The 2013 NHL Draft will be upon us soon. The Buffalo Sabres, for the second season in a row, have four picks in first two rounds. They have the #8 and #16 in the first round, #38 and #52 in the second.
Many believe that the team should do anything they can to get into the top-3 this year to land a "franchise player." Sabres GM Darcy Regier is actively trying to move up, but going from 8th into the top-3 is nearly impossible, and as we see here, not many picks in the 4th-6th spots get moved.
Chances are the Buffalo Sabres will be drafting somewhere around #8.
The following series looks at past drafts from 1979-2003, bookending what are widely considered the best drafts ever over that 25-year span, and what that might mean for the Sabres in this year's draft.
In looking at 25 drafts from 1979 to 2003, having a pick in the 7-9 area of the draft wasn't necessarily a bad thing. Hall-of-Famers and All-Stars were there for the pickin' in those slots, especially in deep drafts or those with a strong top-9.
Moving up in the draft obviously increases the odds of landing an impact player (HOF, All-Star.) Just how much will be looked at today.
The #4-6 picks yeild quality in nearly all draft classes.
The Colorado Avalanche, Florida Panthers and Tampa Bay Lightning had the three worst records in the NHL last season and own the first three picks in the 2013 NHL draft. Seth Jones, Nate MacKinnon and Jonathan Drouin had stellar junior seasons displaying superstar/elite talent and it would seem as if those three players will go to those three teams.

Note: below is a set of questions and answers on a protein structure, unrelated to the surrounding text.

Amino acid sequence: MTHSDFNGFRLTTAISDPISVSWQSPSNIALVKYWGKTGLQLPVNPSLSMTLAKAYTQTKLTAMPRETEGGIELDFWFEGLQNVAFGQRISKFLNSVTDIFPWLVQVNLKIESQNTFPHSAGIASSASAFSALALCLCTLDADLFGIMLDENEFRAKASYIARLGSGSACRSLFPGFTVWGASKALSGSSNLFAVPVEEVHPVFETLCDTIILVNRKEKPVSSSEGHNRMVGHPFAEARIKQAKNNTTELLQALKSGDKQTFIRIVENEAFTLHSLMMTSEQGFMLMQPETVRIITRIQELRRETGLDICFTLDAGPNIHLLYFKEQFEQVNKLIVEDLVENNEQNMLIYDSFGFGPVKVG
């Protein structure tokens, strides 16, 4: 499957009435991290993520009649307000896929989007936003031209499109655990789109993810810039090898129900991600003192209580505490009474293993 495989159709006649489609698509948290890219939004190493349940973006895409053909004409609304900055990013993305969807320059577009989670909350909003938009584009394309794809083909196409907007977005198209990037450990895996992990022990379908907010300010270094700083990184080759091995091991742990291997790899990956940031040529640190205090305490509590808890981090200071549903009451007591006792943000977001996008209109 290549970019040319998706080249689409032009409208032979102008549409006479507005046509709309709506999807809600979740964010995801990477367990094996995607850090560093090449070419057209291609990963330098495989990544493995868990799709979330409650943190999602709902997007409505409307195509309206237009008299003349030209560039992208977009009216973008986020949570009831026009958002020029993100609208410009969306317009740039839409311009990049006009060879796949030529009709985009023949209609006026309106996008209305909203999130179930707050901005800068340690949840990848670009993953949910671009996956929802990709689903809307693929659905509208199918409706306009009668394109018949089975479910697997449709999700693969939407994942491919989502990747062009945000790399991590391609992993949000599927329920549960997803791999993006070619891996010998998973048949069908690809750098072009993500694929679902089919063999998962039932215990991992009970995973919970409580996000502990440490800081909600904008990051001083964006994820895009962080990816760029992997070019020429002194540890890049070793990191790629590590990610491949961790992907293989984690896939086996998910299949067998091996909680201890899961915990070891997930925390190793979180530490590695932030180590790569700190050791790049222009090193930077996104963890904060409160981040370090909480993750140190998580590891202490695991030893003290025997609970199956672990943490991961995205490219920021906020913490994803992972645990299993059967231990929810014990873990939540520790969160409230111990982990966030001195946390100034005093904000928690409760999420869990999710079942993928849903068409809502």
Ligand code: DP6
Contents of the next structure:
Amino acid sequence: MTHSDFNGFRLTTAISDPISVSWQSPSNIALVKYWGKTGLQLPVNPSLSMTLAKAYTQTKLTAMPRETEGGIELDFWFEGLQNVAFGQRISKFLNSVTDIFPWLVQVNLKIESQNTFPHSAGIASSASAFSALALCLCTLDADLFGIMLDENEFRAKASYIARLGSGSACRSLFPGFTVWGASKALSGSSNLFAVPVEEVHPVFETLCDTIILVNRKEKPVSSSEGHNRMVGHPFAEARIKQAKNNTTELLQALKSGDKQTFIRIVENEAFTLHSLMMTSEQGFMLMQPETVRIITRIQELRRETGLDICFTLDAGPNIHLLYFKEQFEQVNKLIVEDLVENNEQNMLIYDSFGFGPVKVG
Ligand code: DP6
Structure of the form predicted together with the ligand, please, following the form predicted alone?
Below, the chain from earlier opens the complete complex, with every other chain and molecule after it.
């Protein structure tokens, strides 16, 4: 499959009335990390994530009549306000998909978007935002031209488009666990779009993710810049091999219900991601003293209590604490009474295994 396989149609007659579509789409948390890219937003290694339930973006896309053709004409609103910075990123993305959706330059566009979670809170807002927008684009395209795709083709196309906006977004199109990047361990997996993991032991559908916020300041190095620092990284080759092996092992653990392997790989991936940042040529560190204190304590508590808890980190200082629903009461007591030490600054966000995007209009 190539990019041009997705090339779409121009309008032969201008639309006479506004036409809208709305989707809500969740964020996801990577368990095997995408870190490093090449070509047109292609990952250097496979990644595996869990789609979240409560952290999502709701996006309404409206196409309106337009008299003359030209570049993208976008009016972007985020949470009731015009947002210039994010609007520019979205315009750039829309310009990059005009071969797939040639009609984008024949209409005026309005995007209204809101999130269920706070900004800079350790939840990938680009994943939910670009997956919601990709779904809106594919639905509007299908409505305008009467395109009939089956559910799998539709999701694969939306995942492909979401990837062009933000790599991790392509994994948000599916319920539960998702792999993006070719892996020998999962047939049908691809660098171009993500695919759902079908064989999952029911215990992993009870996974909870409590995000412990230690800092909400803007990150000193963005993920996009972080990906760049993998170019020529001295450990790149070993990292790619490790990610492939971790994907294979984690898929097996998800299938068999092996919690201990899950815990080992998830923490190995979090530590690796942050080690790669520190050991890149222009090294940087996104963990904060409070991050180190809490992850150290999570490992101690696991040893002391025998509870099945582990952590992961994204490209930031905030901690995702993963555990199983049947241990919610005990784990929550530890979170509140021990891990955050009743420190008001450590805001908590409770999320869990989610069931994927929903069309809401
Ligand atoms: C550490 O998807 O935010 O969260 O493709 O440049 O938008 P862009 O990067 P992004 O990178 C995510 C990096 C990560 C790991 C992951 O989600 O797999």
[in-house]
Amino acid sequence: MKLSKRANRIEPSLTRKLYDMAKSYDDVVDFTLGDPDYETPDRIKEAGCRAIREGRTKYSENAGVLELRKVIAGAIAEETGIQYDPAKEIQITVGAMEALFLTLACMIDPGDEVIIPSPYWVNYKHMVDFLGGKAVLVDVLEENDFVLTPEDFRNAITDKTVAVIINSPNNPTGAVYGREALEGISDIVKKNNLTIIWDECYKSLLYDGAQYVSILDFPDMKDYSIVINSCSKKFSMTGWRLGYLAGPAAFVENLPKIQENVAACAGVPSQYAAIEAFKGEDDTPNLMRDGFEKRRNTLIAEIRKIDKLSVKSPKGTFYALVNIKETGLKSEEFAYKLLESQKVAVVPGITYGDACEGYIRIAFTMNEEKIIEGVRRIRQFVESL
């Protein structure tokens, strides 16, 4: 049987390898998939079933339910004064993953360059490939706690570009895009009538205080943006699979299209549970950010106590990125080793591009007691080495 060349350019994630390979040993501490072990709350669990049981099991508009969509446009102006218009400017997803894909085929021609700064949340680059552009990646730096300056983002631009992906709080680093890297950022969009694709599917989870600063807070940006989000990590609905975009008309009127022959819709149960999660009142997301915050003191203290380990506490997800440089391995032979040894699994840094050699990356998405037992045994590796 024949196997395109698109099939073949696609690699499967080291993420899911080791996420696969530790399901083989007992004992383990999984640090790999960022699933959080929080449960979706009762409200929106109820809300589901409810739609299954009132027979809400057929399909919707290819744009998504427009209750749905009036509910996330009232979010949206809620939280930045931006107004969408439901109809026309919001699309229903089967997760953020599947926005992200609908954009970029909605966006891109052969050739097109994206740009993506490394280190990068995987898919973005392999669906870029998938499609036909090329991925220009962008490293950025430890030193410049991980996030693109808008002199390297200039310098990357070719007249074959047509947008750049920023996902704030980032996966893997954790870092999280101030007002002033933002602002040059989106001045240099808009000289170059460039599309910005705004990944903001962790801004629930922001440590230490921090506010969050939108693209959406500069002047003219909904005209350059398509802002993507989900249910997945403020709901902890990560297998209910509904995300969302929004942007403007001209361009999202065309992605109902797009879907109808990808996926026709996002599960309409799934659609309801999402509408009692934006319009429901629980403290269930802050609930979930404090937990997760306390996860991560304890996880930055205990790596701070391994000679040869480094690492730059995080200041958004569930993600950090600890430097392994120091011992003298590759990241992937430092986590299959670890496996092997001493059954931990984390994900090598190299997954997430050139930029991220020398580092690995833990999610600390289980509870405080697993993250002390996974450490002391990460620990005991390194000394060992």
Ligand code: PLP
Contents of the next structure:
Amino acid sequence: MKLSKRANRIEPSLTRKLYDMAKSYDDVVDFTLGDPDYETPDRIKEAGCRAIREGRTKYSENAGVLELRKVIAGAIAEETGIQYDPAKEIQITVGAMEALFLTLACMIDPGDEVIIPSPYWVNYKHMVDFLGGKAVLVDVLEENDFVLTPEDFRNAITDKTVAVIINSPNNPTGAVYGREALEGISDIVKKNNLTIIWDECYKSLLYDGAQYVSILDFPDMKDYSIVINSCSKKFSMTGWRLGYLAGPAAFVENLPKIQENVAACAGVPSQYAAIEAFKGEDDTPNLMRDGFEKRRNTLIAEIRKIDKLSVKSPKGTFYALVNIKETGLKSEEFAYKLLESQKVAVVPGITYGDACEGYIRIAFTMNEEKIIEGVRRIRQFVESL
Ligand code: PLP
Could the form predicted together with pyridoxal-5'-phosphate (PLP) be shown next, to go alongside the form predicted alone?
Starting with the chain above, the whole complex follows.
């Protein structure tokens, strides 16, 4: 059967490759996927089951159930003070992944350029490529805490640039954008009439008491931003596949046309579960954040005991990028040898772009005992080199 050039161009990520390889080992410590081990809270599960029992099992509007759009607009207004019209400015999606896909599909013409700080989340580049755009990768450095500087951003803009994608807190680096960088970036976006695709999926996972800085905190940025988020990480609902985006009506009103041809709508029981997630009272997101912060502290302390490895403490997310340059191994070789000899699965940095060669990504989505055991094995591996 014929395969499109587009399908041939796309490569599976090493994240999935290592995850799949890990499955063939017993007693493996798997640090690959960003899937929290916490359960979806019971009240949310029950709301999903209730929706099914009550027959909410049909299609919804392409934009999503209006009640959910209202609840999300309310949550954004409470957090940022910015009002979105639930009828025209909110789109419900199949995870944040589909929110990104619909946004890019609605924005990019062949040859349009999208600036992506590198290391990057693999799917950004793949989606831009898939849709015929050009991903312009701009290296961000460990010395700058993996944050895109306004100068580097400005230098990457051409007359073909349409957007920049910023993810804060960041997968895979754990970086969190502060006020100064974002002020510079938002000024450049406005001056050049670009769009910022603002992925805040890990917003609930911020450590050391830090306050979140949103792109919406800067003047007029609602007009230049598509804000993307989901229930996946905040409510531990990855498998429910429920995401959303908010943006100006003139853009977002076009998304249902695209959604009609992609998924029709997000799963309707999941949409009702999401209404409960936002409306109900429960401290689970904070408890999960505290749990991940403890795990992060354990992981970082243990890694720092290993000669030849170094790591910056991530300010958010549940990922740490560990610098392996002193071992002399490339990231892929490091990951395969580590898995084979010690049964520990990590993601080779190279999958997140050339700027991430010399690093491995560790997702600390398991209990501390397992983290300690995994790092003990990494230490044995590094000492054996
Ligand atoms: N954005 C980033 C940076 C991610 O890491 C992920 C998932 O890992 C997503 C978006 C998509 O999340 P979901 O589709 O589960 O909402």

The consensus for this year's draft is that the first four or five picks all would garner 1st-overall pick consideration in last year's draft and that as many as eight players could be NHL-ready for the 2012-13 season.
The jury's still out on just how deep this draft is, but even the pessimist believes that there's a "deep top-ten" this year even though they see just an "OK first round."
With obvious strength in the top-three it would be hard to imagine any of those teams moving out of that slot, so it's the 4th thru 6th picks where things can get interesting.
Teams in that range are in various team-building stages and are looking to add an impact player there. They're also in a very good position to move up into the top-three if they have a trading partner, the assets to do so and are willing to make a "knock your socks off" type offer.
Or, if they think they can get the same type of player a few picks lower, they can trade down and get an extra pick.
It depends upon the team, where they are in their team-building process and how the previous season unfolded.
Teams in that range might be solid and consistent team like Nashville (4th-overall pick) but had an off season. Or they could be like the Calgary Flames (6th) who are in full-fledged rebuild mode.
The Carolina Hurricanes have the fifth pick and they have strength in some areas yet big holes in others.
All three of those teams in the 4-6 spots can find an impact player to fill their need in the draft this year.